Regarding the Feb. 4 Bloomberg article “Workers stumble while ‘Abenomics’ soars“: Japan’s wages are, and always have been, anemic. Among the many explanations for this, some say it is a hangover from Japan’s extinct lifetime employment system, where lifelong job security compensated for lower wages. One explanation that seems to have escaped mainstream attention is the fact that most Japanese workers speak only Japanese.
Despite a large percentage of Japanese workers possessing world-class skills in a wide range of industries and boasting a top-rate work ethic, their chances of selling their talents outside of Japan are severely limited. So, they sell themselves cheap within the Japanese job market. The supply of talent vastly outweighs demand on this little string of islands. It is simple economics.
The prime minister’s begging corporations to raise wages may have some short-term impact, but unless companies are forced to pay international wages in the face of global competition, or unless they are in immediate danger of losing their best workers to the United States, China and Europe, the results will be short-lived.
From the corporate perspective, why raise costs when there isn’t the need? To convince Japan’s CEOs to raise wages, Abe needs to drive a tank, not a bandwagon. The name of the tank should be “language reform,” empowering Japan’s future workforce with some badly needed leverage to demand global rates.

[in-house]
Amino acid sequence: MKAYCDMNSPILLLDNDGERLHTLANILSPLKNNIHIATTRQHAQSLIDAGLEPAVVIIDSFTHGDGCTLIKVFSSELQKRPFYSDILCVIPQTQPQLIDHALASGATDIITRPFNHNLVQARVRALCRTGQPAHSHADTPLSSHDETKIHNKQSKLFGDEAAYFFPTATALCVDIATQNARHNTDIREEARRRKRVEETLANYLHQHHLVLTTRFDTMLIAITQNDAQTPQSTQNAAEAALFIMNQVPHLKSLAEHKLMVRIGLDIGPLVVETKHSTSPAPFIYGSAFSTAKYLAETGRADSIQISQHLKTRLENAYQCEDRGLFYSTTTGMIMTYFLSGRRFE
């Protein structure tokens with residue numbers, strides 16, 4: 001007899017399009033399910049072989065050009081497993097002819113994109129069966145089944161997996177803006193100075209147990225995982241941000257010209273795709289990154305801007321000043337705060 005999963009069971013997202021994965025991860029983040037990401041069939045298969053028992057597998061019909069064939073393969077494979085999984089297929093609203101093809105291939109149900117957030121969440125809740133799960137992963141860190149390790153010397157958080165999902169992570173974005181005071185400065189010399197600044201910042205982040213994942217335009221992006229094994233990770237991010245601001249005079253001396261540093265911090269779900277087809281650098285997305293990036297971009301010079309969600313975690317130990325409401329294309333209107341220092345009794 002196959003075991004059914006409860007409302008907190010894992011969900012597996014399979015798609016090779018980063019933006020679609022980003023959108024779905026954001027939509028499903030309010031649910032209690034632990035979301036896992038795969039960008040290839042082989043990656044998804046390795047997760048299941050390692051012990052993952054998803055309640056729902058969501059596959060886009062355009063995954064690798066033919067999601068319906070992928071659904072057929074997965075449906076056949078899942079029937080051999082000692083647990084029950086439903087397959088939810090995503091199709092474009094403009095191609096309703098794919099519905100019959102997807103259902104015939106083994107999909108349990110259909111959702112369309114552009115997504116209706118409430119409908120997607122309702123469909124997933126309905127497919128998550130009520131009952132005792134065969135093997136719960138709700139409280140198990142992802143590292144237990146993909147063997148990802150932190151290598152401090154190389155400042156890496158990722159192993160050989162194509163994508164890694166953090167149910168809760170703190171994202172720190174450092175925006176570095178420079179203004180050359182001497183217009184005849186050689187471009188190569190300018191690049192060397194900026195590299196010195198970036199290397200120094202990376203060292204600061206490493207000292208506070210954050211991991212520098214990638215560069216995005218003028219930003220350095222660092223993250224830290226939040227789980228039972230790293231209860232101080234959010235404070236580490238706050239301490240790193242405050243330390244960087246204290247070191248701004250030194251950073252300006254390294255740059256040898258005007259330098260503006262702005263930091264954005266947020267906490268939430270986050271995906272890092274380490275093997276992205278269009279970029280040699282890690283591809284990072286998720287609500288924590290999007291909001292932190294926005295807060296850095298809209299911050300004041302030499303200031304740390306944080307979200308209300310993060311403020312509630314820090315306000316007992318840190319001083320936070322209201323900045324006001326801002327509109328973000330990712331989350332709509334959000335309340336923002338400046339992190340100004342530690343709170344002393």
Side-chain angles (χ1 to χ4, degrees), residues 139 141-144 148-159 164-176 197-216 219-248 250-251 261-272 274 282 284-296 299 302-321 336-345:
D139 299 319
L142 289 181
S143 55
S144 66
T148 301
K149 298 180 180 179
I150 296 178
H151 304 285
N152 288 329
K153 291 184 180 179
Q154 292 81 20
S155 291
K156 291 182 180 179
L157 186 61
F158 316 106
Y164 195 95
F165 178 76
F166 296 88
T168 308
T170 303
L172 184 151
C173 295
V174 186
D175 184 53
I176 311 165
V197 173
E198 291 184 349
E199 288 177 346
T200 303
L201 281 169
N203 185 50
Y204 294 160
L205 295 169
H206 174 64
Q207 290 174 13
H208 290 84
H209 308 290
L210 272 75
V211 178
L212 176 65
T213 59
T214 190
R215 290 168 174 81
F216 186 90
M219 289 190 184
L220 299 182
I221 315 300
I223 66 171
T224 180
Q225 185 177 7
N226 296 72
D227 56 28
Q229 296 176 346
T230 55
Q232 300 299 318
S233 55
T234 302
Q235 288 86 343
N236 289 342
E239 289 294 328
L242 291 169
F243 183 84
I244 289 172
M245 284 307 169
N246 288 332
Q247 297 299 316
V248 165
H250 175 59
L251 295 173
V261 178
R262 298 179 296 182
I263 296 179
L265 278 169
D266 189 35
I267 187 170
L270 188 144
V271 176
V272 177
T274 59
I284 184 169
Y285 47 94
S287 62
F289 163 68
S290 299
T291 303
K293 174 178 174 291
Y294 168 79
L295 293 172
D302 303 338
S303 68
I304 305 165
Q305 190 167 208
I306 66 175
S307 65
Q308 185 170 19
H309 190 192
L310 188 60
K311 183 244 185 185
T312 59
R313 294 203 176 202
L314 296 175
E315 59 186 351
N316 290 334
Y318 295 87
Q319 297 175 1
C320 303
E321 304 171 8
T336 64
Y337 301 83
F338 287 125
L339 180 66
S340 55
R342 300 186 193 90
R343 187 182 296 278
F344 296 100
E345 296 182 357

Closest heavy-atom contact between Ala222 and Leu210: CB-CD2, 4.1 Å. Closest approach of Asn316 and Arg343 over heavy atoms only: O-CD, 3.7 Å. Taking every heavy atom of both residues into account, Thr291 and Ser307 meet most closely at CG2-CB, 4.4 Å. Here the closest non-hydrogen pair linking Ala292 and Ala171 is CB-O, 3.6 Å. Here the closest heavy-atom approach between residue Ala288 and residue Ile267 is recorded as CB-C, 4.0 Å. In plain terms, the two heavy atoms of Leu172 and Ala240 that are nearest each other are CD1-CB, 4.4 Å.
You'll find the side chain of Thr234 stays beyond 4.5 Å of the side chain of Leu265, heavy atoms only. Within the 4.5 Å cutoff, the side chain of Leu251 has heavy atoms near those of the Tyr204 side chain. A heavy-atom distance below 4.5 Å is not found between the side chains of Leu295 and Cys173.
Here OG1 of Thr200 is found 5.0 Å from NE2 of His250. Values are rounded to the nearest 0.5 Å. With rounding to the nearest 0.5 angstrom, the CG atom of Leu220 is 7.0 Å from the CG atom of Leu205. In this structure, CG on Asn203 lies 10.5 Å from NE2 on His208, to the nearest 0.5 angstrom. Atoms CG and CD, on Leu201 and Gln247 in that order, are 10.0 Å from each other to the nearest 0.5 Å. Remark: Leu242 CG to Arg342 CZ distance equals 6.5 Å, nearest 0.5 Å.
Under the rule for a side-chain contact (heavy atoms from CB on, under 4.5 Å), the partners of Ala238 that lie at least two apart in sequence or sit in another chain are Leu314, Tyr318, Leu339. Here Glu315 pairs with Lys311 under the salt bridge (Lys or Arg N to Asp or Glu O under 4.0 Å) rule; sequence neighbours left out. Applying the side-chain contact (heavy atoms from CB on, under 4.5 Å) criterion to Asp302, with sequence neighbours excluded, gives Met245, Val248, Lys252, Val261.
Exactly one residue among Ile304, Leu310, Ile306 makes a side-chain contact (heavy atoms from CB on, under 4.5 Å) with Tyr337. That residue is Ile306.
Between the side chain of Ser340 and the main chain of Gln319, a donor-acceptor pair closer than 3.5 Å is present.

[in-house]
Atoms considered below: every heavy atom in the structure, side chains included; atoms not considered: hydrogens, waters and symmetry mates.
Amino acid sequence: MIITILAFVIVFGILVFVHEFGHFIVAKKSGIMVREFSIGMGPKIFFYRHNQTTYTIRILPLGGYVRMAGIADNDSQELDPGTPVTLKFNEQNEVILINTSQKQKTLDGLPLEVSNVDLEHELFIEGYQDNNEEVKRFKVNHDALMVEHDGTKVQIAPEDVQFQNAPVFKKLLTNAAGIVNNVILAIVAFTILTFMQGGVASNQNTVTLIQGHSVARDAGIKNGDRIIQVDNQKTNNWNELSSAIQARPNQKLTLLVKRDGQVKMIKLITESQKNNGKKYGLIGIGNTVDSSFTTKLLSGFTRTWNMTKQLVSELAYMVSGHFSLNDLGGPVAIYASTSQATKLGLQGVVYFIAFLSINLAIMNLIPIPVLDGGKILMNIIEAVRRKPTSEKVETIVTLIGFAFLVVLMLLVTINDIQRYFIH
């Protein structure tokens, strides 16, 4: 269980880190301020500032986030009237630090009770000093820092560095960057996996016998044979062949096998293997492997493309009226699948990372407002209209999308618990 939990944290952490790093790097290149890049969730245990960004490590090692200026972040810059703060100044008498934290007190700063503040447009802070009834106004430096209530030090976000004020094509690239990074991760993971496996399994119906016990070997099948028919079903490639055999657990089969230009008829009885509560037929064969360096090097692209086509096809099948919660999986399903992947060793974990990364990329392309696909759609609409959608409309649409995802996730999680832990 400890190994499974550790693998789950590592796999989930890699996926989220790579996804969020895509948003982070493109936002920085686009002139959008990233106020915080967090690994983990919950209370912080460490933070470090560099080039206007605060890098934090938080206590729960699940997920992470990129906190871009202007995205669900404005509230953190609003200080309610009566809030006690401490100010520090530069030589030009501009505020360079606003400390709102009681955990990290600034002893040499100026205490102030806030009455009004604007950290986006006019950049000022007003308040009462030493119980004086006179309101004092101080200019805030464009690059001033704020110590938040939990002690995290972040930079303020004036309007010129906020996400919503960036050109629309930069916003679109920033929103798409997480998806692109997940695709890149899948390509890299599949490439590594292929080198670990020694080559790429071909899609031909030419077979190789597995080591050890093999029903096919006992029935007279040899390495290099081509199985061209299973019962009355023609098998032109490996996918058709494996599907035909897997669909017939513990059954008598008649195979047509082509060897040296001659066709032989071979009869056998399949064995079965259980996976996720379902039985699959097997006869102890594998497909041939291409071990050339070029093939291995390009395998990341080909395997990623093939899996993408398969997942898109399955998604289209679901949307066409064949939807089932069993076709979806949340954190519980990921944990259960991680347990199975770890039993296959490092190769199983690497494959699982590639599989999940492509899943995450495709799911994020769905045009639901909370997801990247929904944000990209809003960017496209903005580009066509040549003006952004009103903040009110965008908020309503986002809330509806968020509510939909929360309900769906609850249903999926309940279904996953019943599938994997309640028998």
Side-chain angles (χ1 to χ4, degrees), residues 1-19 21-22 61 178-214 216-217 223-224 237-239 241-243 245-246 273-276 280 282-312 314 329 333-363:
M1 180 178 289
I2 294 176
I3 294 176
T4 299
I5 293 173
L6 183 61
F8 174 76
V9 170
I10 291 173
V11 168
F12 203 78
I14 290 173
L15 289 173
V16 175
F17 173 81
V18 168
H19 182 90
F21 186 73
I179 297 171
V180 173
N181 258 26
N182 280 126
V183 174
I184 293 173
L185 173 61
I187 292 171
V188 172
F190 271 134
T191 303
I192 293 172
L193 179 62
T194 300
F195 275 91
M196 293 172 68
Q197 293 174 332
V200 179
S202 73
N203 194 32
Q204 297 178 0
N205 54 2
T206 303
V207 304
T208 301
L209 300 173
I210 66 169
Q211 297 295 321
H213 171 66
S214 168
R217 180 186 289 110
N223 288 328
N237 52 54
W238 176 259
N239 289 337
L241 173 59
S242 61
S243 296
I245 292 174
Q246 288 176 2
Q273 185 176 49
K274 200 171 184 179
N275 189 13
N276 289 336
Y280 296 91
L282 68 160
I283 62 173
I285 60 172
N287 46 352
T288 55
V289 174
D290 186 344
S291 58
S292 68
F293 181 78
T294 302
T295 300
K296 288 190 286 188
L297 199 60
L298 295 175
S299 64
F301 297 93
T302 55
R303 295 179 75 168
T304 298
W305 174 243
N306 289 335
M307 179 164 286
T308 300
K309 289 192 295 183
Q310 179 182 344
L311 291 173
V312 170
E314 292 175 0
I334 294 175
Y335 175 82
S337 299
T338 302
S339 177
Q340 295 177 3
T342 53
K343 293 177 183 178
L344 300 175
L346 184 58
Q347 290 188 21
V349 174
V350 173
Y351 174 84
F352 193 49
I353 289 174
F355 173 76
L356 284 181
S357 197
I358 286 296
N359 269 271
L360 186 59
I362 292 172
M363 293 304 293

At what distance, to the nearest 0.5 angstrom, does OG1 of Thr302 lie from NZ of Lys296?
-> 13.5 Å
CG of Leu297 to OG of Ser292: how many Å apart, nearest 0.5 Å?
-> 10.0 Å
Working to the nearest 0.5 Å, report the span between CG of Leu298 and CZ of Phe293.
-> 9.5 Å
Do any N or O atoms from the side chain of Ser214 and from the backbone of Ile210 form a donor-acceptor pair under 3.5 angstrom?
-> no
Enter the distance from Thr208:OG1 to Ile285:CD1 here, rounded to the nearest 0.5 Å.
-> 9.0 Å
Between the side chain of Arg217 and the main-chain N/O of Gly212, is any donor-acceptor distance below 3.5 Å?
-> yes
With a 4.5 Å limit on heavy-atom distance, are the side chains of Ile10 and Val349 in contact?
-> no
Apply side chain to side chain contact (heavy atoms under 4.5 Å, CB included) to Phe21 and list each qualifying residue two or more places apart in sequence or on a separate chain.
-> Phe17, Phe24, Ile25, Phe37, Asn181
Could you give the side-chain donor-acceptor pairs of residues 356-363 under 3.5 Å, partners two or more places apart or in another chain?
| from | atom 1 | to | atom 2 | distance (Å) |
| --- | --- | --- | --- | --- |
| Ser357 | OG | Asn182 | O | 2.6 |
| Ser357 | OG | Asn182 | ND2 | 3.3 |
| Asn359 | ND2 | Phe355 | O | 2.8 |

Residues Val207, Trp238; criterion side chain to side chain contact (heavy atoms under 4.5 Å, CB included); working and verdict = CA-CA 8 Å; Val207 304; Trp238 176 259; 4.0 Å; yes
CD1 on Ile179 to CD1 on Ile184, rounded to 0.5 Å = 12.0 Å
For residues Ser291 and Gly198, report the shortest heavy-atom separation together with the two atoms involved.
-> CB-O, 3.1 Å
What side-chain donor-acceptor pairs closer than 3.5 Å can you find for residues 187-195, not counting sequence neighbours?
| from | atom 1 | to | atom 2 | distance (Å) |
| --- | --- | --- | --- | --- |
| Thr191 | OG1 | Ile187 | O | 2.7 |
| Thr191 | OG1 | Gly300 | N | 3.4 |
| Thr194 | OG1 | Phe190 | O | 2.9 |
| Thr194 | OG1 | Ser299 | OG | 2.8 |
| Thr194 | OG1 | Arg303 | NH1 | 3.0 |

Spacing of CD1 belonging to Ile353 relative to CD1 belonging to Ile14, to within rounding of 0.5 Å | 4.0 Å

If Abe is serious about raising Japan’s salary range, he must provide his people with practical, effective opportunities to master English and Mandarin, to name just two languages. Until then, Japanese corporates will continue to cozily exploit a highly skilled job market heavily skewed to their advantage.
The opinions expressed in this letter to the editor are the writer’s own and do not necessarily reflect the policies of The Japan Times.
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